You are invited to Bilkent University’s Philosophy Department on Thursday for the seminar of Profs. David Nicolas and Jonathan D. Payton.
Speakers: David Nicolas, Institut Jean Nicod; Jonathan D. Payton, Bilkent University
“Collective nouns and the distribution problem”
Date: Thursday, 4 May 2023
Abstract: Intuitively, collective nouns are pseudo-singular: a collection of things (a pair of people, a flock of birds, etc.) just is the things that make ‘it’ up. But certain facts about natural language seem to count against this view. In short, distributive predicates and numerals interact with collective nouns in ways that they seemingly shouldn’t if those nouns are pseudo-singular. We call this set of issues ‘the distribution problem’. To solve it, we propose a modification to cover-based semantics. On this semantics, the interpretation of distributive predicates and numerals depends on a cover, where the choice of cover is strongly semantically constrained by the noun with which they interact.
About the speakers: David Nicolas is a CNRS Researcher at Institut Jean Nicod in Paris, France. His research focuses on issues in semantics, philosophical logic, and ontology. Most notably, he has worked on the interpretation of mass and count nouns, plural logic and superplurals, telicity, and gradeable expressions. His work has appeared in such journals as Analysis, the Australasian Journal of Philosophy, the Journal of Philosophical Logic, and Linguistics and Philosophy. In 2002 his book, “La distinction entre noms massifs et noms comptables: Aspects linguistiques et conceptuels” was published by Leuven.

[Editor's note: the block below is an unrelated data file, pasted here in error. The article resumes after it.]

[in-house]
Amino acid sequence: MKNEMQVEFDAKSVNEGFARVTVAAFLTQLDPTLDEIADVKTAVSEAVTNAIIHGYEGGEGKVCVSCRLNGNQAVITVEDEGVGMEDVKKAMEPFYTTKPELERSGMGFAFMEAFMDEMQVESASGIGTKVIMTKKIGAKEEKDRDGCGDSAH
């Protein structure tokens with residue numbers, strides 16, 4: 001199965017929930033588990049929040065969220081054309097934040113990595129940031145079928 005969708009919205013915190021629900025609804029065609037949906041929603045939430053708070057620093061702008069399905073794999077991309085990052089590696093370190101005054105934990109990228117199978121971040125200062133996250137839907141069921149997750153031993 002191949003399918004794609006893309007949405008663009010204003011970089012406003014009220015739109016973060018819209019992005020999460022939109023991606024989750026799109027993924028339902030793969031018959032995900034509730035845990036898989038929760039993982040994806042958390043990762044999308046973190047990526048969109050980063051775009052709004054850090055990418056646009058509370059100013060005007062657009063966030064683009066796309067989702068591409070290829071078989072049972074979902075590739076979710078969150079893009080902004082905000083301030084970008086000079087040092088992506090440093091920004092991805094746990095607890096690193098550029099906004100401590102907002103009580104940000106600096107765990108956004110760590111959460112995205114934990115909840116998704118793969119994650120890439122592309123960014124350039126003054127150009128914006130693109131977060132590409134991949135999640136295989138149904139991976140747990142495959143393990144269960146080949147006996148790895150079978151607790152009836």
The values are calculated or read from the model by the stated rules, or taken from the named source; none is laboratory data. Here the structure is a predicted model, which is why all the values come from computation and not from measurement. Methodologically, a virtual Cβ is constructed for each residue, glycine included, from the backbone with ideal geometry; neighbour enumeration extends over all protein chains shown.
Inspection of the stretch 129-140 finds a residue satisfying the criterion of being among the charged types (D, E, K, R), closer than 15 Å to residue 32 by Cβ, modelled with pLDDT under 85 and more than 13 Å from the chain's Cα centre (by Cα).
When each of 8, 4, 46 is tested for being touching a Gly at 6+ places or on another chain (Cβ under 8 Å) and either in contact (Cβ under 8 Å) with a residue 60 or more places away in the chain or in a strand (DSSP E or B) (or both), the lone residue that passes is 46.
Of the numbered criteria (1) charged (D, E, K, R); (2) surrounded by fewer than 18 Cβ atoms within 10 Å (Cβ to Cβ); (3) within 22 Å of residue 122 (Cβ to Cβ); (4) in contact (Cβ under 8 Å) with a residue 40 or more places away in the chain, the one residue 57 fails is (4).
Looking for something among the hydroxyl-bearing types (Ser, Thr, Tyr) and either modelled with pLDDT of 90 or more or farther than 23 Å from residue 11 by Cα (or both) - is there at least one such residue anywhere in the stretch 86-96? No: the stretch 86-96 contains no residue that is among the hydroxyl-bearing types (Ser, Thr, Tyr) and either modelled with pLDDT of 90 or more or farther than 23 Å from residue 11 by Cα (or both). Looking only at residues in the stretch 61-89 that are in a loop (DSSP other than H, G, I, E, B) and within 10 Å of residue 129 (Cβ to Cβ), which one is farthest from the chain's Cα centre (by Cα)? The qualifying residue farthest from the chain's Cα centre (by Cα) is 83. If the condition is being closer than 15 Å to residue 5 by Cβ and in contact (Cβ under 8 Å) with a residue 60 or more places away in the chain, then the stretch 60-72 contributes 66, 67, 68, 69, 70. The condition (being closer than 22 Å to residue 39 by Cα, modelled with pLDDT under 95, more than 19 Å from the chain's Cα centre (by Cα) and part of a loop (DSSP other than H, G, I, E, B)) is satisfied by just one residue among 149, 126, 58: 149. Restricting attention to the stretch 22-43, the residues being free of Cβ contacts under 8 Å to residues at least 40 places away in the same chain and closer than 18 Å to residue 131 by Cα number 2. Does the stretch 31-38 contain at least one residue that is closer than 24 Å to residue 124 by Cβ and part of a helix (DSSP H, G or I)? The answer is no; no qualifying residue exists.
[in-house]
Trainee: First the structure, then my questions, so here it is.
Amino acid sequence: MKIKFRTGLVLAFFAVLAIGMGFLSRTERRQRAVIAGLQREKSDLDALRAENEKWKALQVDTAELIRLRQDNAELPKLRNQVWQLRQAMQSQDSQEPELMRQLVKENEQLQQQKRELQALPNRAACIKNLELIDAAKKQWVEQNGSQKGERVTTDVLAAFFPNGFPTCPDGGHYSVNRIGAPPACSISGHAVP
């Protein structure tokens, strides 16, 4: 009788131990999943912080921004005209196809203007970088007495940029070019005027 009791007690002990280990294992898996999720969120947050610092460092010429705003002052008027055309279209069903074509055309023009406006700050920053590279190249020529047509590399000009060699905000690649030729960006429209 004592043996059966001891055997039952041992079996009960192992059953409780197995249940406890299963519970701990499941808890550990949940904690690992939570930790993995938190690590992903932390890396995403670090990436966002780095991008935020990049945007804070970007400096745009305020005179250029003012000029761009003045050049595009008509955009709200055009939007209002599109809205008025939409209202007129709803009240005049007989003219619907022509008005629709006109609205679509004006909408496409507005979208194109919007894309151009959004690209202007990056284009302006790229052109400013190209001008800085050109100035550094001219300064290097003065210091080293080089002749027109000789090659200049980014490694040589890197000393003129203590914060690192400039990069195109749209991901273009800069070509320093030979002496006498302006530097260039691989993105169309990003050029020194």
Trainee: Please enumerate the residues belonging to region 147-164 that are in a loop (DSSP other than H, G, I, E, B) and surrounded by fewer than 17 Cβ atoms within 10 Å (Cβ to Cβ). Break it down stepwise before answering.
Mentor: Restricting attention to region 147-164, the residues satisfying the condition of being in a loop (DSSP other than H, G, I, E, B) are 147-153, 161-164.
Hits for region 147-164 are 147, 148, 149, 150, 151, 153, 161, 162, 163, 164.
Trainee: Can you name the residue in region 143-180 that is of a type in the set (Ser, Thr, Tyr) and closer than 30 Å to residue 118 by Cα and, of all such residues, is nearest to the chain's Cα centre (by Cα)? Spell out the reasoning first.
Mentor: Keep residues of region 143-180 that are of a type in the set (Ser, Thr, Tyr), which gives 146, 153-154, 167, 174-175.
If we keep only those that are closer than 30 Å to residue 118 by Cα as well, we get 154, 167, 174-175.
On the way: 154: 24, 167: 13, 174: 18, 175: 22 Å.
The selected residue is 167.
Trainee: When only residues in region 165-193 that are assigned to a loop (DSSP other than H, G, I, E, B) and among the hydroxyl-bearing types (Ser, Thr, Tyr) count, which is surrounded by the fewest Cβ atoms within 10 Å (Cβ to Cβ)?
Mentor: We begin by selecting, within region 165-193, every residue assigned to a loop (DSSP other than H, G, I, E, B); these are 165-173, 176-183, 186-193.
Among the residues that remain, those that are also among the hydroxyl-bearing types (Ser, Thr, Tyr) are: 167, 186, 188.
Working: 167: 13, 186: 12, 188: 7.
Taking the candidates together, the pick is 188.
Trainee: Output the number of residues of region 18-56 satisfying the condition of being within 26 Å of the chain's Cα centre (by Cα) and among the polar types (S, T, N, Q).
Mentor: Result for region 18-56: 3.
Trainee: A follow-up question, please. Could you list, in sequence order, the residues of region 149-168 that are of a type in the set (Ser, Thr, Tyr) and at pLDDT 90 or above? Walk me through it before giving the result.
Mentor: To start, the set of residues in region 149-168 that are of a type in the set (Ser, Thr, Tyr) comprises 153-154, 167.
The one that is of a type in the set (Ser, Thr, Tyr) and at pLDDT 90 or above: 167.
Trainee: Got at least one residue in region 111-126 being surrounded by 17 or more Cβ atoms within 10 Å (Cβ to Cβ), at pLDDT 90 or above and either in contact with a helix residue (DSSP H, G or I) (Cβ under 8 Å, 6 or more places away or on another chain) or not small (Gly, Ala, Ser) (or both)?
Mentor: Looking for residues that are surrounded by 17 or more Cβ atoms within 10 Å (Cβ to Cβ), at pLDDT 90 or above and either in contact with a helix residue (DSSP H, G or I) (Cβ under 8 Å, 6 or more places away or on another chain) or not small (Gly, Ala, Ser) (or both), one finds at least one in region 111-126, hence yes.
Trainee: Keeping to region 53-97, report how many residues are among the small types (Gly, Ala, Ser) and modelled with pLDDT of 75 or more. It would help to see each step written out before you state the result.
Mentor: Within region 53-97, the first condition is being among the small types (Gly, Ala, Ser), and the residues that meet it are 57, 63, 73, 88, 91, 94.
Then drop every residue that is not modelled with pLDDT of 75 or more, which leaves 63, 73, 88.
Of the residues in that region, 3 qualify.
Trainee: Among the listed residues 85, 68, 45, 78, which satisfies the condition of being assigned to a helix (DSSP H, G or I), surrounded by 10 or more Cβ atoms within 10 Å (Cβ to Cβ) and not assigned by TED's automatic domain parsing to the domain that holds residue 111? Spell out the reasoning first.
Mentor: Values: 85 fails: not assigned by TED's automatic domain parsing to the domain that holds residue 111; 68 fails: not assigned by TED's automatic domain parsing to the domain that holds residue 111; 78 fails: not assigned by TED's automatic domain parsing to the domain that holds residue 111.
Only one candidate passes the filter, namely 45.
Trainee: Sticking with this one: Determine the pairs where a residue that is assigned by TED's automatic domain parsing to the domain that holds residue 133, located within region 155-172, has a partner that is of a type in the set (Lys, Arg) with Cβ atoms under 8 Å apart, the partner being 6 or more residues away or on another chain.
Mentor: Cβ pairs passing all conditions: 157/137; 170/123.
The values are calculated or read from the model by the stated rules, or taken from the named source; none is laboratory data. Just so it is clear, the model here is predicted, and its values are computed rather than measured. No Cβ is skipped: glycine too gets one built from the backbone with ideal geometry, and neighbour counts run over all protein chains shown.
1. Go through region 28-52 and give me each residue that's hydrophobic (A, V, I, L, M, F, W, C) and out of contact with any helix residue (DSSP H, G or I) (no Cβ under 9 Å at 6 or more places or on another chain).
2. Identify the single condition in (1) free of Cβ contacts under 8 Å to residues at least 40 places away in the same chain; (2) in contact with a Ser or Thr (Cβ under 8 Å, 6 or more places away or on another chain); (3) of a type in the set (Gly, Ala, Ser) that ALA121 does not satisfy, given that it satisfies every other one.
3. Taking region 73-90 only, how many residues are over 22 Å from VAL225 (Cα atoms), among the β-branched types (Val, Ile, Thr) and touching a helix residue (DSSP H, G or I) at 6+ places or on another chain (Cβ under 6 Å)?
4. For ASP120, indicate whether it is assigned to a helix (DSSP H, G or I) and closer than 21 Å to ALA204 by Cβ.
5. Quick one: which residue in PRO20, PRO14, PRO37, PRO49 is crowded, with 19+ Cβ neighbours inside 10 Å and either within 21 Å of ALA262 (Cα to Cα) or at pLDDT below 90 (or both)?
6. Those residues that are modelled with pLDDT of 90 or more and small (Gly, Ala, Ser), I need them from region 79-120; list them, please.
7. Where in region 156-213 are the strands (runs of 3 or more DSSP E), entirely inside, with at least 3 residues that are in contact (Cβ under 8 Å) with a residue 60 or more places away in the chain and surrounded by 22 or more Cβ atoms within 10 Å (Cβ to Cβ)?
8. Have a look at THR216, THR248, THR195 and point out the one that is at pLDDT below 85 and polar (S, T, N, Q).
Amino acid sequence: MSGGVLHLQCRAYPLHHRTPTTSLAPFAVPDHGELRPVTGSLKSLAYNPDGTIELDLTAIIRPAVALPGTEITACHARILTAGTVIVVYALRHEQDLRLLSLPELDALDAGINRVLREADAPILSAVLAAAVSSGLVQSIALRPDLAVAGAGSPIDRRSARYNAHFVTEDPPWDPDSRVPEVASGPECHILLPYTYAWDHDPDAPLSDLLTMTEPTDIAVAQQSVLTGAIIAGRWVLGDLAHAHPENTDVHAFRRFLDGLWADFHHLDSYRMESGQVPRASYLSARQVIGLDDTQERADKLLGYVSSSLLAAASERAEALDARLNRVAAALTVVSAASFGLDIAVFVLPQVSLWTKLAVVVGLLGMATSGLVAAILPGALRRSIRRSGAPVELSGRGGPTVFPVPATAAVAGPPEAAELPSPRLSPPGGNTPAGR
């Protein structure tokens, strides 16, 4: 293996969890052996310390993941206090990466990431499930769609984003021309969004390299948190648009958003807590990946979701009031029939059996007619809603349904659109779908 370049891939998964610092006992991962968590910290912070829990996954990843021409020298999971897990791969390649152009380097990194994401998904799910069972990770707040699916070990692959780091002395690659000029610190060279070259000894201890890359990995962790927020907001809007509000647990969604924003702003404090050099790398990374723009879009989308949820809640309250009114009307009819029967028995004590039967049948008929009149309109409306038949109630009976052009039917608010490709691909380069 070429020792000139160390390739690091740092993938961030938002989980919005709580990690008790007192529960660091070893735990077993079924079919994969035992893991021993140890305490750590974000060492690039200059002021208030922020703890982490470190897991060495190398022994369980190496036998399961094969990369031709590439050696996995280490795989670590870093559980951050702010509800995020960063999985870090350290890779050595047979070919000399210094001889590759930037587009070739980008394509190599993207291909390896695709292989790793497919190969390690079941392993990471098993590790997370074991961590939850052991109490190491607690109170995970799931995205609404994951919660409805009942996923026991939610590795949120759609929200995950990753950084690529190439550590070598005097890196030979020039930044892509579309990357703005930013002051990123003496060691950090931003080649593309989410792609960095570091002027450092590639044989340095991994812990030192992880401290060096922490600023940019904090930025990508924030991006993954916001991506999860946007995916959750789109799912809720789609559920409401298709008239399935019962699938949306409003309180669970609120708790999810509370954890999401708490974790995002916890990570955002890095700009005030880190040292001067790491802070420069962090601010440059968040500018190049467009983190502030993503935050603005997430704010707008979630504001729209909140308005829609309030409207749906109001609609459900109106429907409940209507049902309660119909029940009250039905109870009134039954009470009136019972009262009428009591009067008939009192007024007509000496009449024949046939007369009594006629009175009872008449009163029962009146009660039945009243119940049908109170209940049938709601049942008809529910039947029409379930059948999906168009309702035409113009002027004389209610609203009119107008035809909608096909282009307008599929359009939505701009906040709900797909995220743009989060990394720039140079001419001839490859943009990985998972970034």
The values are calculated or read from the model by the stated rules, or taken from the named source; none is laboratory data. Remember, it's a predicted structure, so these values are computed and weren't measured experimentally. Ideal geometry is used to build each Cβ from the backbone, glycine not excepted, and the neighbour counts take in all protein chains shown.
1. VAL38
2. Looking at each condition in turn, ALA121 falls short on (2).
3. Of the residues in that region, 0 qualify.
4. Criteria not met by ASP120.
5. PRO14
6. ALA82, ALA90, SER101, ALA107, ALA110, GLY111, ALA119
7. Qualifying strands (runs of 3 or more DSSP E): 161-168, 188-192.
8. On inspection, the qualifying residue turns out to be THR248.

Jonathan D. Payton is an Assistant Professor of Philosophy at Bilkent University. His research focuses on issues in metaphysics, the philosophy of language, and the philosophy of action. Most recently, he has worked on the metaphysics of parts and wholes and related issues about the meaning and logic of plurals. His work has appeared in such journals as Analysis, the Australasian Journal of Philosophy, Philosophical Studies, and Synthese. In 2021 his book, “Negative actions: Events, absences, and the metaphysics of agency” was published by Cambridge University Press.